HIGH POINT, N.C. — It seems like every day we're seeing another cyber attack. With it being Cybersecurity Awareness Month, it's a good time for a reminder on how to not become a victim.
If you think you're not at risk, think again. The Federal Trade Commission said they got about 1.4 million reports of identity theft in 2020. That's double from 2019.
Ron Pierce, Trinity Solutions Inc., said it's only going to get worse.
"I'd probably say we're still at the top of the iceberg and we haven't seen as bad as it's going to get," Pierce said.
He said as the economy declines, cyber crimes increase.
Why is it such a concern? It can be very costly.
Cybersecurity Ventures predicts damage costs are about $6 trillion a year globally.
This can affect large companies, but also target small businesses and individuals.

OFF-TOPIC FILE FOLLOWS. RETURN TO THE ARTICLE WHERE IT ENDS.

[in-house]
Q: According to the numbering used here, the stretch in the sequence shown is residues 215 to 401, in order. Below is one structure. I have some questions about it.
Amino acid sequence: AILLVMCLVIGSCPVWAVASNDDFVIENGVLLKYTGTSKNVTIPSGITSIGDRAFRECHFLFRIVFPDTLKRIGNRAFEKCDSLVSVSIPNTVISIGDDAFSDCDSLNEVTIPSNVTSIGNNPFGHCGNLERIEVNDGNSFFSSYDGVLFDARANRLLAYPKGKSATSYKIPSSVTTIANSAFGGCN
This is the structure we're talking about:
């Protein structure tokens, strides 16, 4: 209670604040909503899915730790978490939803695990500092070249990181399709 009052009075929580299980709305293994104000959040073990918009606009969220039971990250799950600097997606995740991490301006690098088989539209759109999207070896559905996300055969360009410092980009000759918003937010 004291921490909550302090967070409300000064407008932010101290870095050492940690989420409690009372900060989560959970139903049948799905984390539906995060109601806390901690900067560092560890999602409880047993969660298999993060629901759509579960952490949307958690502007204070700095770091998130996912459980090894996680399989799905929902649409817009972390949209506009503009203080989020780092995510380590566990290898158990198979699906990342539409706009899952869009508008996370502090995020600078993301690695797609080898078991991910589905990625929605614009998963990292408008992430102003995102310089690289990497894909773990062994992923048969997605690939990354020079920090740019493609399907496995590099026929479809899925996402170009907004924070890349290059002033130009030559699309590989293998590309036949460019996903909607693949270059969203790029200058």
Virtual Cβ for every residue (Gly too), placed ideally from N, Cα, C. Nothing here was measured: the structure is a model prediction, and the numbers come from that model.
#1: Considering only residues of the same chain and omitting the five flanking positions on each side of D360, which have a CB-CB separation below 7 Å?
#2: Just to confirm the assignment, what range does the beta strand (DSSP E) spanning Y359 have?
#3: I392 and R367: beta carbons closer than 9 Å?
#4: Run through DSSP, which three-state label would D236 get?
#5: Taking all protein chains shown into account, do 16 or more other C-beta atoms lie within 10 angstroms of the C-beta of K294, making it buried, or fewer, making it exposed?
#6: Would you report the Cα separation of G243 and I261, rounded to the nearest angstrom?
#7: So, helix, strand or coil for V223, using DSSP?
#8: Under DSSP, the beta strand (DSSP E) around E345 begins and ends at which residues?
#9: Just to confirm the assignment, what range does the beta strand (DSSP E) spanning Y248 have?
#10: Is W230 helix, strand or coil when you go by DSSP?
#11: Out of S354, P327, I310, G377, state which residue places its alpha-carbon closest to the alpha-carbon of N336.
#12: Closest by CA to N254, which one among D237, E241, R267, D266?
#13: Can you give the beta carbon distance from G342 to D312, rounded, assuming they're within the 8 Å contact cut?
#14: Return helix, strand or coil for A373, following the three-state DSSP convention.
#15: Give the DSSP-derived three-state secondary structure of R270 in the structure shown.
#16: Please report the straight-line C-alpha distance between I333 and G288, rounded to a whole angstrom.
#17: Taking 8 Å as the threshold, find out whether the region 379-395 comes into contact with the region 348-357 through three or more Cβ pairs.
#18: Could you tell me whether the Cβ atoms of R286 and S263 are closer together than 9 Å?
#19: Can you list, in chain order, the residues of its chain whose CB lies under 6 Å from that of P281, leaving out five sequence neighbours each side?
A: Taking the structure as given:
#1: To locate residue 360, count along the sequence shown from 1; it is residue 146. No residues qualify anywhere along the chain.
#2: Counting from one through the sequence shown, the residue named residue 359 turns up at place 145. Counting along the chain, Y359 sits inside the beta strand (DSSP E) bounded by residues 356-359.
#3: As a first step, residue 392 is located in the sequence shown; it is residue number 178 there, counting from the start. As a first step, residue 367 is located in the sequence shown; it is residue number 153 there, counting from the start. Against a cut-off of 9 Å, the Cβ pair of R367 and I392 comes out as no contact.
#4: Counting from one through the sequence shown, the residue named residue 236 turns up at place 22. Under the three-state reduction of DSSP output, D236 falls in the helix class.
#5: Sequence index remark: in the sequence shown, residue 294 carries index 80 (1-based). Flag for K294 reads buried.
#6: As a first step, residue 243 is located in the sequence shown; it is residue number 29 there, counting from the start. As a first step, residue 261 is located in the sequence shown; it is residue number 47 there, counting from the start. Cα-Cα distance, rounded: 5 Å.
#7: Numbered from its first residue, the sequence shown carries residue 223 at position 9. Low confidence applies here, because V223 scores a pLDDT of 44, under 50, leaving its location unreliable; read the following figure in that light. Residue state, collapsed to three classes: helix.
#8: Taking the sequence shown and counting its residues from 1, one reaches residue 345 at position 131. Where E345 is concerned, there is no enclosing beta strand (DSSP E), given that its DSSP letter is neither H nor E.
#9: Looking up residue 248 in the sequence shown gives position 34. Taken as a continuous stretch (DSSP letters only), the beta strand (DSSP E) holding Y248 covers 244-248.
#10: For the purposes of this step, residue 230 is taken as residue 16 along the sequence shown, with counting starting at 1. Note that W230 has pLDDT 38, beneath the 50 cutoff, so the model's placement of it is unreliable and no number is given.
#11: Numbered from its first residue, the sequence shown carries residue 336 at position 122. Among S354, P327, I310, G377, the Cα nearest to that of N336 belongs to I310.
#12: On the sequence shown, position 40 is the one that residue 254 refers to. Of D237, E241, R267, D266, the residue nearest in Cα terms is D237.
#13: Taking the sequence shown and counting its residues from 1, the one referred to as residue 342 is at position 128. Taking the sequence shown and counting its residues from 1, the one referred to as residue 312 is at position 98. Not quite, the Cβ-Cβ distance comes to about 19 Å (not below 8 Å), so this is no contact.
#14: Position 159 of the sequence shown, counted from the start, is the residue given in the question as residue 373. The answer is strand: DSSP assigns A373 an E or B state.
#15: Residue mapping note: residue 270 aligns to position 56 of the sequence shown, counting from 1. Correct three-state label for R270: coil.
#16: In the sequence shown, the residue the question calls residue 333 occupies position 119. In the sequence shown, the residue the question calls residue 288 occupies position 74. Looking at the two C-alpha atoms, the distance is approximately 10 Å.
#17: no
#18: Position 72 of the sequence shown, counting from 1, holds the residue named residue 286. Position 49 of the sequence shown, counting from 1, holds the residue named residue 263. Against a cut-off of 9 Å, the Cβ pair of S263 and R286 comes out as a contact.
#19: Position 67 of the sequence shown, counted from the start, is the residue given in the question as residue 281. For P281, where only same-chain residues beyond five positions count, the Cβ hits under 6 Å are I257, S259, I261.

"What we're seeing is a lot of smaller, medium-sized businesses not taking cybersecurity seriously," Pierce said.
He advised businesses to take a look at their software. If the software is anywhere from 3 to 5 years old, Pierce said it needs to be updated.
Pierce also suggested small businesses to have the IT company or whoever does their computer support to check in at least once a year.
"For most people, it's an annoyance when their Facebook gets hacked or they're sending out emails or something like that. It starts off as an annoyance, but it quickly escalates. You've got to stay vigilant, you've got to keep focused," Pierce said.